Our literature seems boundless like a summer landscape,
we appioach the apparent limit, while Nature keeps unroll
ing her scroll of beauty. English libraries testify to an ele
gance of expression, a vividness of description, a terseness in
narration not to be found elsewhere. Note the stately prose
of Macaulay; the picturesqu delineations of Scott; the rugged
energy of Carlyle. But these are only of thousands who have
made our language shine with sunlit brilliancy. English
literature bears the impress of every advance of education and
morals. Science has given it a vocabulary abreast with her
phenomenal development. Christain philosophy has placed
therein truths never dreamed of by a Plato or an Aristotle.
Here, no lessthan in society, the progress of morals has wit
nessed evolution. The Sensual odes and Bacchanalian songs,
rehearsed at the midnight revels and chanted around the a'
tars of the gods, departed with the civilization that gave their
birth. The pure character, the virtuous teaching, the enno
bling sentiments are now the demands of literary merit and
Grand principles and momentous questions have aroused
the sleeping art of the ancients, and oratory lias burst forth in
this new language. Here it has found its true mission and
achieved its greatest victories. The halls of parliament and of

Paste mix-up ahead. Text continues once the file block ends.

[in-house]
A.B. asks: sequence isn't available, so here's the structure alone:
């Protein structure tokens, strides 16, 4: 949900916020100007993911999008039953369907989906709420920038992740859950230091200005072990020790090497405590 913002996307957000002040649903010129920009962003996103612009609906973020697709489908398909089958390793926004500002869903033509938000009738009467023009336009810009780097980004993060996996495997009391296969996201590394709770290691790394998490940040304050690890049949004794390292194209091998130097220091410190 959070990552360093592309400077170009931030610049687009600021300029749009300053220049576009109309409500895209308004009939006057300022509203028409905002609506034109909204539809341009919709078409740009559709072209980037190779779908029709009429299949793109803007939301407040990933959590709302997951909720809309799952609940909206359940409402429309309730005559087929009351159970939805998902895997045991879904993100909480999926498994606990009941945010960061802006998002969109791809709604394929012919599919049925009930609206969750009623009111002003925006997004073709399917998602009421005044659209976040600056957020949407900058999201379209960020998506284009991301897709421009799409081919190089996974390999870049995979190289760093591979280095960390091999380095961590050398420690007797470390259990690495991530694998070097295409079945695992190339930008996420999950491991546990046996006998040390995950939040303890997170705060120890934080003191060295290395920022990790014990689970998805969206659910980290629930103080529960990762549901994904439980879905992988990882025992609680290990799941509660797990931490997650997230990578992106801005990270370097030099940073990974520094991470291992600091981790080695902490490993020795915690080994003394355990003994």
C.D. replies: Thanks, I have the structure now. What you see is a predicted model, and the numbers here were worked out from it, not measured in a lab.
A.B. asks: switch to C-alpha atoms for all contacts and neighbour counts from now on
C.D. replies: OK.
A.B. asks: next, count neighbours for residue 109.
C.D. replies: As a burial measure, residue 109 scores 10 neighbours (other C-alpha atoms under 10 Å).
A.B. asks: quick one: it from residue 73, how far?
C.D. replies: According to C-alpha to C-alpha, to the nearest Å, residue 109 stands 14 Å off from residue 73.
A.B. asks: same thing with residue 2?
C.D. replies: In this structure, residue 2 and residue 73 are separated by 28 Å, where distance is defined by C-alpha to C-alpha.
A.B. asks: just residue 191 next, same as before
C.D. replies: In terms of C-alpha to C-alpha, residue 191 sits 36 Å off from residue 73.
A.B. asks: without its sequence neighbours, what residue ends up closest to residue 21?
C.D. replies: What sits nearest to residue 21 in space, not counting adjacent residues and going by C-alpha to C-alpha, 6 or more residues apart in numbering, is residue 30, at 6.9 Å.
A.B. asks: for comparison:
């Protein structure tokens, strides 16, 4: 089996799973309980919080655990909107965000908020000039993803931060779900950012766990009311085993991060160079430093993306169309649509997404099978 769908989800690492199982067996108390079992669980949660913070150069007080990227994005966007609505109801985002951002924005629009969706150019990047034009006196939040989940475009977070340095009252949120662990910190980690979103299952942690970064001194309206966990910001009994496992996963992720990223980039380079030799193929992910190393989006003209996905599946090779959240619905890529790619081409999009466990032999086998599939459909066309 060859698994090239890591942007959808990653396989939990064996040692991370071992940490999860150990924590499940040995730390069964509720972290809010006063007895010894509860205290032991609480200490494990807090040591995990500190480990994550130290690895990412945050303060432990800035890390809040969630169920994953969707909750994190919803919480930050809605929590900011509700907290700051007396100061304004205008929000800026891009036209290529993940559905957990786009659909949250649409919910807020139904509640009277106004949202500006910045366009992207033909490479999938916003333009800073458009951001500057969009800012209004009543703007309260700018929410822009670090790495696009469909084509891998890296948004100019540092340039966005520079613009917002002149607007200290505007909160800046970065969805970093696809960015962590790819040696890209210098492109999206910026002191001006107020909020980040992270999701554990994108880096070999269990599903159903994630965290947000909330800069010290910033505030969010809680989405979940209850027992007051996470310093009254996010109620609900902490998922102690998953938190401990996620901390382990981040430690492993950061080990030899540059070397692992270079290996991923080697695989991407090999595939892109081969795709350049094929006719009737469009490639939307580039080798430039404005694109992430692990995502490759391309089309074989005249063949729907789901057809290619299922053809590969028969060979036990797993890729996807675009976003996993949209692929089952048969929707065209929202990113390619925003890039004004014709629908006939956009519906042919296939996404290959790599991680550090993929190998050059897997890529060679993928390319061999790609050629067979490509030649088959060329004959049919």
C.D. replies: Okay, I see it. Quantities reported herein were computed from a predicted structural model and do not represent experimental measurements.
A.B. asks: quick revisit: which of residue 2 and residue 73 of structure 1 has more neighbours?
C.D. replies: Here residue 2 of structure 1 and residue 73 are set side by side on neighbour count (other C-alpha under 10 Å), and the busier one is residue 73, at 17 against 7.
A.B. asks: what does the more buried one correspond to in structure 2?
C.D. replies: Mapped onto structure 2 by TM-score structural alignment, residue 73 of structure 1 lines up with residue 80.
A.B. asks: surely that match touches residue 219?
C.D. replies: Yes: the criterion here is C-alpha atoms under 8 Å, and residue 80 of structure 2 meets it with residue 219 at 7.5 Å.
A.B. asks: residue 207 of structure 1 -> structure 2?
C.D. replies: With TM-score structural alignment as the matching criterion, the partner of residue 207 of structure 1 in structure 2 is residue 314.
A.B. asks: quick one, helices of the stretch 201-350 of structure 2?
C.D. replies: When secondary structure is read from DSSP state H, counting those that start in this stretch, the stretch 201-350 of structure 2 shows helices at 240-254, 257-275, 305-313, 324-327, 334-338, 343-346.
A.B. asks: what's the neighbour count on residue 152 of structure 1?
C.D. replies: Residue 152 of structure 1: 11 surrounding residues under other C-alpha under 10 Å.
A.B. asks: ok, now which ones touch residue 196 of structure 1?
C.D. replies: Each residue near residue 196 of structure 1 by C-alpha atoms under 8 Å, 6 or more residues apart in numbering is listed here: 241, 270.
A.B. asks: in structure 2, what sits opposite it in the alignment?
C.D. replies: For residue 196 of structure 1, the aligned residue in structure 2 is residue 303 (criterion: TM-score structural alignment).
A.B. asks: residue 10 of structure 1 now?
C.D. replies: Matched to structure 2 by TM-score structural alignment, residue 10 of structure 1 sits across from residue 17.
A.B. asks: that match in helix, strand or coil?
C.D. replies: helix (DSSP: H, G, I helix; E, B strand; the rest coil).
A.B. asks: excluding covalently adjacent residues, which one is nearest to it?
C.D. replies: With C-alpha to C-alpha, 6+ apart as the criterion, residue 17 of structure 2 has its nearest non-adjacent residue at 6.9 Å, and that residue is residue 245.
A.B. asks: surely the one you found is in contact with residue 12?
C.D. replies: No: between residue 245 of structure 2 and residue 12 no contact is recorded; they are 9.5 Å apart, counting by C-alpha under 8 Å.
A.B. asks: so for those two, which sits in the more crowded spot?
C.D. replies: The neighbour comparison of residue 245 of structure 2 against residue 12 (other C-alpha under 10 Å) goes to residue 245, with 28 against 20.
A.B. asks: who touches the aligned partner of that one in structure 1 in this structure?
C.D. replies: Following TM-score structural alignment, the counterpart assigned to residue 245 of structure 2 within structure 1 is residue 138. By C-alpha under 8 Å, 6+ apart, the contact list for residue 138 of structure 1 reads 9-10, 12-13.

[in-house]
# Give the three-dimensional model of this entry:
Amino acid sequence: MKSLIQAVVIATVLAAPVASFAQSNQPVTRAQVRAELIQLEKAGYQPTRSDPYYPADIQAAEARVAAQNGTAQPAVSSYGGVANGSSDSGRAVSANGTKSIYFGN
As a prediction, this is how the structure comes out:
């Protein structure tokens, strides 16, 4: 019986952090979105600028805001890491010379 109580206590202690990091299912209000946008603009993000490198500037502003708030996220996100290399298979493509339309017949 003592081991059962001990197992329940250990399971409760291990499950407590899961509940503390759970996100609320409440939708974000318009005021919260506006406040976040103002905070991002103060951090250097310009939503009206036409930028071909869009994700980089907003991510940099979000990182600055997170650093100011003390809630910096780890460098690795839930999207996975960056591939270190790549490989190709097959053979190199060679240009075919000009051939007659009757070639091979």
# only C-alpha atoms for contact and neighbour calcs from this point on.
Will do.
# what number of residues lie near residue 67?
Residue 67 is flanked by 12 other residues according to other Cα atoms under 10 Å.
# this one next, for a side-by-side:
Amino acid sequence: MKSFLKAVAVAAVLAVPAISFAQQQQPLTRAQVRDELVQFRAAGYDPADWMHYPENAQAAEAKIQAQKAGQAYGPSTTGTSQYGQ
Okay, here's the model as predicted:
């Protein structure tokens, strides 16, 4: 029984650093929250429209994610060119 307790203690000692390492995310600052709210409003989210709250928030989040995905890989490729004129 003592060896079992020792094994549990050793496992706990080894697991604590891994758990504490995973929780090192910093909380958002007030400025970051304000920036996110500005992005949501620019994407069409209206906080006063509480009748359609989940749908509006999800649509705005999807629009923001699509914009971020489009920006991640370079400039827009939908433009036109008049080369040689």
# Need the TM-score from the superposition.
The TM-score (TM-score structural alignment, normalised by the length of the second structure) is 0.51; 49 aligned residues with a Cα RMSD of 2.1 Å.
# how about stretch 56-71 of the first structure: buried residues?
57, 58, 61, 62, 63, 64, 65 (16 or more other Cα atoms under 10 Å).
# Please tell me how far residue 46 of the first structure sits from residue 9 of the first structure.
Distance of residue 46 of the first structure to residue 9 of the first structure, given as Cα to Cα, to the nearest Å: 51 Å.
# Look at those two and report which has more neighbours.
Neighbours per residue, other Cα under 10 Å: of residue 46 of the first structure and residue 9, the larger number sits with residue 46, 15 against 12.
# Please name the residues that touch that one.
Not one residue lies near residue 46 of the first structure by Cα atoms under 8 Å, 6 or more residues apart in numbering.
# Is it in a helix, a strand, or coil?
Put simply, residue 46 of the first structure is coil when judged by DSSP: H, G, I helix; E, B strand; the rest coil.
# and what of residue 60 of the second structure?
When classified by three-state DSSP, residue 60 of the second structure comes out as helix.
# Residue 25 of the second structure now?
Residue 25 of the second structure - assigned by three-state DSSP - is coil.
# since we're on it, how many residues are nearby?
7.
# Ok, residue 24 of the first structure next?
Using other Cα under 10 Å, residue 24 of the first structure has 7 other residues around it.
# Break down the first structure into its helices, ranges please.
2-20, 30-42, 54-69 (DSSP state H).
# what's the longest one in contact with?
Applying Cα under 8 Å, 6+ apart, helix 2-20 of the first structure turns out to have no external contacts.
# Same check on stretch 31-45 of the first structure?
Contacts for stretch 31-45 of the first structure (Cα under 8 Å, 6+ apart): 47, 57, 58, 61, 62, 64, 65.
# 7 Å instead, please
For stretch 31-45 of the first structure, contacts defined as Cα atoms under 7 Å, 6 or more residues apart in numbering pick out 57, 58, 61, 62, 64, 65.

congress have been fit substitutes for the bema and forum.
The burning eloquence of Burke and Chatham, Henry and
Webster, pleading for freedom, justice and equality, was
never surpassed by the "Orator of Athens" inveighing against
Philip, or the Roman senator thundering against Catilir.e.
Is the poetry of our language excelled by any other? Did
ancient bard ever picture human naturelike Shakespeare? Is
the "Fall of Troy" to be compared with the "Fall of Man?"
Were Achilles and Eneas sublimer heroes than the Fallen
Archangels? Ah! gifted poets have sung and proved that
"From Saxon lips Anacrcon's numbers glide,
As once thay molted on thu Tolan tlilo;
And, fresh transfused, the Iliad thrills again
From Albion's cliffs as o'er Achala's plain I"
As Napolcan marshaled his armed hosts before the pyra
mids of Egypt, he said: "Soldiers, forty centuries look
down upon you." We, to-day, from a height of truth and
liberty, say: Forty centuries look up to us. The crisis of
nations finds our race leading a mightier and a more glorious
civilization than forty centuries have seen. Yet after all this
advancement, this attainment of power, our language seems
only to have begun its mission. The rivulet that gushed from
its fountain has swelled into the great river, and all its useful
new seems yet before it. Greater fields of thought are to be
fertilized; snips of state are to float serenely, sublimely on its
majestic current; it is to broaden into n mighty ocean and
wash every shore of humanity.
To-day the civilized world looks to the Anglo-Saxon, with
his linguistic inheritance, for the solution of every question of
moral reform; Christendom recognizes him as her defender;
heathendom sends forth wails of distress for his sympathy.
This eminence is his because of his eloquence and song in the
triumphant march of human freedom. Thus, as 'through the
ages one increasing purpose runs,' we may see in a veiled but